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Powerhouse Peanuts

Like other legumes, peanuts are packed with the protein your body needs to build and repair muscle. They also contain mono- and polyunsaturated fats, important for heart health. The nutrients in peanuts possibly may lower your risk for cardiovascular disease, type 2 diabetes, and metabolic syndrome.

Eat peanuts with their thin red skins on, suggests David Grotto, RD, author of 101 Foods That Could Save Your Life!, and you'll get the same antioxidants you find in wine and chocolate.


Kefir is a fermented drink usually made with cow, goat, or sheep's milk, though it can also be made from rice, coconut, or soy milk.

Described by some as a mildly carbonated liquid yogurt, kefir is rich in calcium and protein and is also "a good source of magnesium, riboflavin, folate, and B12," says Grotto. Like yogurt, kefir contains probiotics, which not only aid digestion but may also help manage symptoms of IBS or Crohn's disease. These probiotics may also treat or prevent vaginal or urinary infections in women.

Kefir can be a nutritious, drinkable breakfast or quick, filling snack, but you can also blend it in smoothies and shakes or add it to soups, breads, and other baked goods.

Vitamin-C Rich Strawberries

Strawberries may be the favorite fruit of summer. More than just juicy and sweet, strawberries also pack 160% of your daily vitamin C inside that succulent scarlet skin.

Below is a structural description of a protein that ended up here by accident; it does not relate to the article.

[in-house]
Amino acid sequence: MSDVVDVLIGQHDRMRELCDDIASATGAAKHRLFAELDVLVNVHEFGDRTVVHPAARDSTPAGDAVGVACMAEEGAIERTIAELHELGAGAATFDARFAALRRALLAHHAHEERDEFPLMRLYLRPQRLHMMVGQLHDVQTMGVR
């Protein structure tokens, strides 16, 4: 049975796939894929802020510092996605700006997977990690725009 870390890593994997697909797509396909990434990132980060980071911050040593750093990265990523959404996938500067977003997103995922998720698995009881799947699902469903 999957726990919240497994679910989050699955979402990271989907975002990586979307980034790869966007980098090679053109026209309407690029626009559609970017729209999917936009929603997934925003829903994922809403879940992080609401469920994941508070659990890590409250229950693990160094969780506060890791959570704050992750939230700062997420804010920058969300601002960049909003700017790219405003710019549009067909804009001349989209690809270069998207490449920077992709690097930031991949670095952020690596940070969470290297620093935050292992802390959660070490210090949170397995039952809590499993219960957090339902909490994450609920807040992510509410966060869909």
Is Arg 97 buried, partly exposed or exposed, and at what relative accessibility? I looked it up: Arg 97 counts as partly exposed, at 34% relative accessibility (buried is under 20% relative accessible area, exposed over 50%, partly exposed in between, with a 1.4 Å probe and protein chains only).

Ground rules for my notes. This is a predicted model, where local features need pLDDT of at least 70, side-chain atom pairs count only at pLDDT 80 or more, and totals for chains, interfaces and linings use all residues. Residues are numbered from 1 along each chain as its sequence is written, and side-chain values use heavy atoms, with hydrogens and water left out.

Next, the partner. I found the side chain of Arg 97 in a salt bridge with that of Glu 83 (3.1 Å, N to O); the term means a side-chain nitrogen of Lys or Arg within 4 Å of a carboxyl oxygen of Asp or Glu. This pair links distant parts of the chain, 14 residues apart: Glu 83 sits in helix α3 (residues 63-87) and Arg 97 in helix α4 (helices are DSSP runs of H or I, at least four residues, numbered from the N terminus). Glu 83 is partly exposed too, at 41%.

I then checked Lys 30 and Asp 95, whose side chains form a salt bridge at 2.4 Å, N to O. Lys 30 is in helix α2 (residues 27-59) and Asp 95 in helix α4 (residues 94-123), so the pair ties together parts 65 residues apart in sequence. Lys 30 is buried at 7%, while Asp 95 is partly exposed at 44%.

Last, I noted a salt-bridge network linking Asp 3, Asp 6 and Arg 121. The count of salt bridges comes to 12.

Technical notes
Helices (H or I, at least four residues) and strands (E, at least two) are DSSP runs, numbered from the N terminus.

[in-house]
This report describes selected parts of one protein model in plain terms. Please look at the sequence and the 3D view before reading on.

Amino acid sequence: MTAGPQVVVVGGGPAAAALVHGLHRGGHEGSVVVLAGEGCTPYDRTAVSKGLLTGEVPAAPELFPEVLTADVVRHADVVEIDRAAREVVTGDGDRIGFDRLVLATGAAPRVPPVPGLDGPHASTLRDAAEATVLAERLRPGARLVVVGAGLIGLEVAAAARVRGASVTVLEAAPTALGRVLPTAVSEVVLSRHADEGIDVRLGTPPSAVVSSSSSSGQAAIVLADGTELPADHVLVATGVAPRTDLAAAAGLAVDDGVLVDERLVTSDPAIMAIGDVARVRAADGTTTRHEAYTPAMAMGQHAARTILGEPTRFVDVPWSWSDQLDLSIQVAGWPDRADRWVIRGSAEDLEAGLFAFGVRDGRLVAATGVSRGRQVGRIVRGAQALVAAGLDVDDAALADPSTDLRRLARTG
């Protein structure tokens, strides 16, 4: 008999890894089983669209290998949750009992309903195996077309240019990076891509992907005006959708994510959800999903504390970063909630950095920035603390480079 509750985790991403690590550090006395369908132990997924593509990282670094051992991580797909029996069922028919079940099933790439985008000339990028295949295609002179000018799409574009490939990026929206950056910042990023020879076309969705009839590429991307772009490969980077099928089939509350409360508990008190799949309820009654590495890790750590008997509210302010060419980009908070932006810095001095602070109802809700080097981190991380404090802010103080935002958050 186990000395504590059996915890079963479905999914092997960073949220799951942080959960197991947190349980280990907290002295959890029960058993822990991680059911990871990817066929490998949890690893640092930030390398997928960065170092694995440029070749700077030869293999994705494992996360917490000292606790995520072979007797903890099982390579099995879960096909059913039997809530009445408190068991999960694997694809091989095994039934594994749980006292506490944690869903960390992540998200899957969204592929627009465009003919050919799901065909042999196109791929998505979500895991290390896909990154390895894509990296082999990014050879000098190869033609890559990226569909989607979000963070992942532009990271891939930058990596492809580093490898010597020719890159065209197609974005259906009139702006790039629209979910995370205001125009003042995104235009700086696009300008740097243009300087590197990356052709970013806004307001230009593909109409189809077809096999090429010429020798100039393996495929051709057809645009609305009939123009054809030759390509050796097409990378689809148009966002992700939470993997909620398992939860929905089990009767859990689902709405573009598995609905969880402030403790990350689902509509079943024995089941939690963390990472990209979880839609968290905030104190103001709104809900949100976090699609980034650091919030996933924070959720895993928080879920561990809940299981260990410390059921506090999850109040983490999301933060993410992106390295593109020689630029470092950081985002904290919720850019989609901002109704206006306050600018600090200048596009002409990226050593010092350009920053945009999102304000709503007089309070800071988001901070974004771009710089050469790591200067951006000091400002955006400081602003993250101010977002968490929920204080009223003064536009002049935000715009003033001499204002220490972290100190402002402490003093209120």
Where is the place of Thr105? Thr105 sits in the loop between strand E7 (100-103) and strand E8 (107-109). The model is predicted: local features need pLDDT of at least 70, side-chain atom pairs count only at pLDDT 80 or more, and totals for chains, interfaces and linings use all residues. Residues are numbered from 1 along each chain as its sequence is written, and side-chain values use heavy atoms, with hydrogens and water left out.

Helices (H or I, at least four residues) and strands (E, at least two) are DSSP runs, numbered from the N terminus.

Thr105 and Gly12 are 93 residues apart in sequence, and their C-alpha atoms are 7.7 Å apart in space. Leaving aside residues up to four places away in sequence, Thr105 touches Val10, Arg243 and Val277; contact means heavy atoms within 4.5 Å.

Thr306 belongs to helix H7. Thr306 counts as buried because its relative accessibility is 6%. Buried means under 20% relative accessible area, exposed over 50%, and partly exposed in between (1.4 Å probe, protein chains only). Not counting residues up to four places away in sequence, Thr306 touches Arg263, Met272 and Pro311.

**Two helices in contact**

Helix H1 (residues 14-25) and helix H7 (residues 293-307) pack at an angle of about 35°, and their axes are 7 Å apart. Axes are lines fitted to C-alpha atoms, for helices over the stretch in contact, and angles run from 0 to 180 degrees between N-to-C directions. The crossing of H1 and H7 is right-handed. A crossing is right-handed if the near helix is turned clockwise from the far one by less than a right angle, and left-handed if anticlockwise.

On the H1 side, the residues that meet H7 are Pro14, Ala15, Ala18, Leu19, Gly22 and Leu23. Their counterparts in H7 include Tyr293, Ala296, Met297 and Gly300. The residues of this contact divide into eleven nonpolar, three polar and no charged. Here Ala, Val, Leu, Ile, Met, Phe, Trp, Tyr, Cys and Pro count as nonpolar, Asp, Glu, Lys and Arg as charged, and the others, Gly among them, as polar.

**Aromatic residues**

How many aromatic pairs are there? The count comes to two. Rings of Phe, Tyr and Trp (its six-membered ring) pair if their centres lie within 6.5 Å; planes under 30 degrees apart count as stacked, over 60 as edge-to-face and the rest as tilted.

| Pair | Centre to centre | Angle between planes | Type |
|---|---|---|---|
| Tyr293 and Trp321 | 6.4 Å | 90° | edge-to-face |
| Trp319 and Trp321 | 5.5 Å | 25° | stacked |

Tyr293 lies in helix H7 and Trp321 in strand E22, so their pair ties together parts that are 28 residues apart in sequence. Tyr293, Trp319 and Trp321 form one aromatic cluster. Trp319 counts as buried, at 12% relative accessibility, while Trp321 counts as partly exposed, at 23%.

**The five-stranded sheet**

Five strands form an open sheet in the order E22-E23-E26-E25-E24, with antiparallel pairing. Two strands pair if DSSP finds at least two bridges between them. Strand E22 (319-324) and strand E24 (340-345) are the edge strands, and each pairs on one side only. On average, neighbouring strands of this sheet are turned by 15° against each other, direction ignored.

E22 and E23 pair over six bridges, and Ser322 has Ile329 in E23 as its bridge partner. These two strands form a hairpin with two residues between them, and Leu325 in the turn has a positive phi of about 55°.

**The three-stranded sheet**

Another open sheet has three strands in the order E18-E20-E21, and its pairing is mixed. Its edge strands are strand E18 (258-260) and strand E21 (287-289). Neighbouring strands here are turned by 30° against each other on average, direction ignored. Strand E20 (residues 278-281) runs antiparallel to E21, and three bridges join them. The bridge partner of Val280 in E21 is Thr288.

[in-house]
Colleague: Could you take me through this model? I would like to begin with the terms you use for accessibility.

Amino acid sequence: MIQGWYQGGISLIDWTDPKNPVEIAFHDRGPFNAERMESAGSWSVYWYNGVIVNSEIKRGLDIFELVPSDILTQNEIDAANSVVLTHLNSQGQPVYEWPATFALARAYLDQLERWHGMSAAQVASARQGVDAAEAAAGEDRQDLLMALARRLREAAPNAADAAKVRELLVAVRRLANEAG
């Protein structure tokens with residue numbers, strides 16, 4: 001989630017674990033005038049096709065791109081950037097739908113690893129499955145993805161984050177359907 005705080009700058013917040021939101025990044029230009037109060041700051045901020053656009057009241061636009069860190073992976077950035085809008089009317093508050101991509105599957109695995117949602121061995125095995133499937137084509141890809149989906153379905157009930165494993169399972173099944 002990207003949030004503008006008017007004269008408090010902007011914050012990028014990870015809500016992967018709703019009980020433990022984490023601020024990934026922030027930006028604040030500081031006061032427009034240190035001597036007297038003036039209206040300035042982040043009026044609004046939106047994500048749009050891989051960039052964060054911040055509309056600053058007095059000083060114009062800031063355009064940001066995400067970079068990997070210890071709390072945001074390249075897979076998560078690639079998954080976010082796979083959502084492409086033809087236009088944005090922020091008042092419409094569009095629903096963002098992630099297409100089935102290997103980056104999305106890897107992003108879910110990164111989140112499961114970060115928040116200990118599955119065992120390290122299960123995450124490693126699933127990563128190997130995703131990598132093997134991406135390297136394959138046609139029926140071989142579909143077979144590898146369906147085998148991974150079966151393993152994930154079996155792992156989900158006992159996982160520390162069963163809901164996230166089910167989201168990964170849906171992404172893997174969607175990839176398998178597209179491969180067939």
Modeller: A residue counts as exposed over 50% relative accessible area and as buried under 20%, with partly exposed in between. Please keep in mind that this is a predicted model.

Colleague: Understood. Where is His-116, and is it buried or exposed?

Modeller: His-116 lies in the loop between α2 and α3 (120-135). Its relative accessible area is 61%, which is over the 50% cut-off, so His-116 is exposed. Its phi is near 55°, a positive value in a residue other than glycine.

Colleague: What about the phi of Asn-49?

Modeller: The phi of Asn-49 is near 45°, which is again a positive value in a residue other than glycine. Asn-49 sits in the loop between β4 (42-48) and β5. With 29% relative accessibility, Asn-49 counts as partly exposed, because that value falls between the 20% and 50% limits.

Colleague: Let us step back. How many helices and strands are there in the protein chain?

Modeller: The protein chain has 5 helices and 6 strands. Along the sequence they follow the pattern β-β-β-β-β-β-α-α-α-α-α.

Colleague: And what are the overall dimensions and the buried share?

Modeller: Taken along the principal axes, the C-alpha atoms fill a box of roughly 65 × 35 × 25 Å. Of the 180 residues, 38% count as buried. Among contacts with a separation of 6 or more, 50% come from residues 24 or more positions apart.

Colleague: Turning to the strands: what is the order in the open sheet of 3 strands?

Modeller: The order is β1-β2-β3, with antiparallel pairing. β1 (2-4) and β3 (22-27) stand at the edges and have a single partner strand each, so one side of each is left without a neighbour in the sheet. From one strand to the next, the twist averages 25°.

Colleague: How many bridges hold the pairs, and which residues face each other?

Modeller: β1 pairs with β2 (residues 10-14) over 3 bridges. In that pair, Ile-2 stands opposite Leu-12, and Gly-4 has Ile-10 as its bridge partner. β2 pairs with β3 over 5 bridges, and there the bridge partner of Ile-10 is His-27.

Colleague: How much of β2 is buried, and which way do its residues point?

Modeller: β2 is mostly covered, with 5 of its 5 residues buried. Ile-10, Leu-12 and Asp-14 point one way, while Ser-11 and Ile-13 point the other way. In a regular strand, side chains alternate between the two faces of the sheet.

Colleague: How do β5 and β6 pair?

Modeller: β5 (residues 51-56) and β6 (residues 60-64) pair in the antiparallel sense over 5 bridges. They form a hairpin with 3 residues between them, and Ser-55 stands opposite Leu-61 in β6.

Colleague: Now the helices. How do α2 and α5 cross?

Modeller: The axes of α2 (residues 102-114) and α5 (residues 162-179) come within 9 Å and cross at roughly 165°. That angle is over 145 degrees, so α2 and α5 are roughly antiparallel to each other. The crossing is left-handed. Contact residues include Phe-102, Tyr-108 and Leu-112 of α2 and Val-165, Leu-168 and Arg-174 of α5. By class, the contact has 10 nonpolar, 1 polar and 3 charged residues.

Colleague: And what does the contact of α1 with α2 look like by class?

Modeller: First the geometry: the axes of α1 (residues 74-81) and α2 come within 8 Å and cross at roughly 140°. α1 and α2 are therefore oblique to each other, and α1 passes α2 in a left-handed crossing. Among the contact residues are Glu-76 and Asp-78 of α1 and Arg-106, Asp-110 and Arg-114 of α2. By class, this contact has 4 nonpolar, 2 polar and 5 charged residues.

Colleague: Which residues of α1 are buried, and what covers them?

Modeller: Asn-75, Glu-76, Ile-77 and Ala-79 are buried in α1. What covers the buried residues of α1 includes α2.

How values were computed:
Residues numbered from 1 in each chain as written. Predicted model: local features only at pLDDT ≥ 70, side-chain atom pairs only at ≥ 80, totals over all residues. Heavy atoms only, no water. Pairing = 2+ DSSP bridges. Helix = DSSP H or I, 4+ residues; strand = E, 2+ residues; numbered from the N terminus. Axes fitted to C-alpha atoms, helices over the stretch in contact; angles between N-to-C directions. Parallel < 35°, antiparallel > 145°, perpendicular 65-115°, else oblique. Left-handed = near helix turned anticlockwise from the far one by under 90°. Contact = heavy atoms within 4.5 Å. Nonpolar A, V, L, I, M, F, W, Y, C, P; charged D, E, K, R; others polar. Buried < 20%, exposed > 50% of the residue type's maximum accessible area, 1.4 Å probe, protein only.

Strawberries are a great source for digestion-boosting fiber, for vitamin C, which helps keep teeth and gums in good condition, and for flavonoids, which may improve mental function and fight breast and prostate cancer.

Fresh or frozen, strawberries "are a nutrition powerhouse," Grotto says, so add them to a summer salad, make a succulent fruit salsa, or drizzle ripe, ruby-red strawberries with a bit of dark chocolate for a healthier alternative to cake.


Mushrooms don't just add flavor to a stir-fry; they're also low in calories and an excellent source of the cancer-fighting mineral, selenium.

Additionally, these humble plants are the highest vegetarian source of vitamin D and they're high in copper and potassium, nutrients needed for normal heart rhythm, nerve function, and red blood cell production.

Mushrooms cook in a flash and pair equally well with vegetarian, vegan, or meaty meals. Slice them onto sandwiches or into salads, or put them in any recipe that could use a more toothsome texture.

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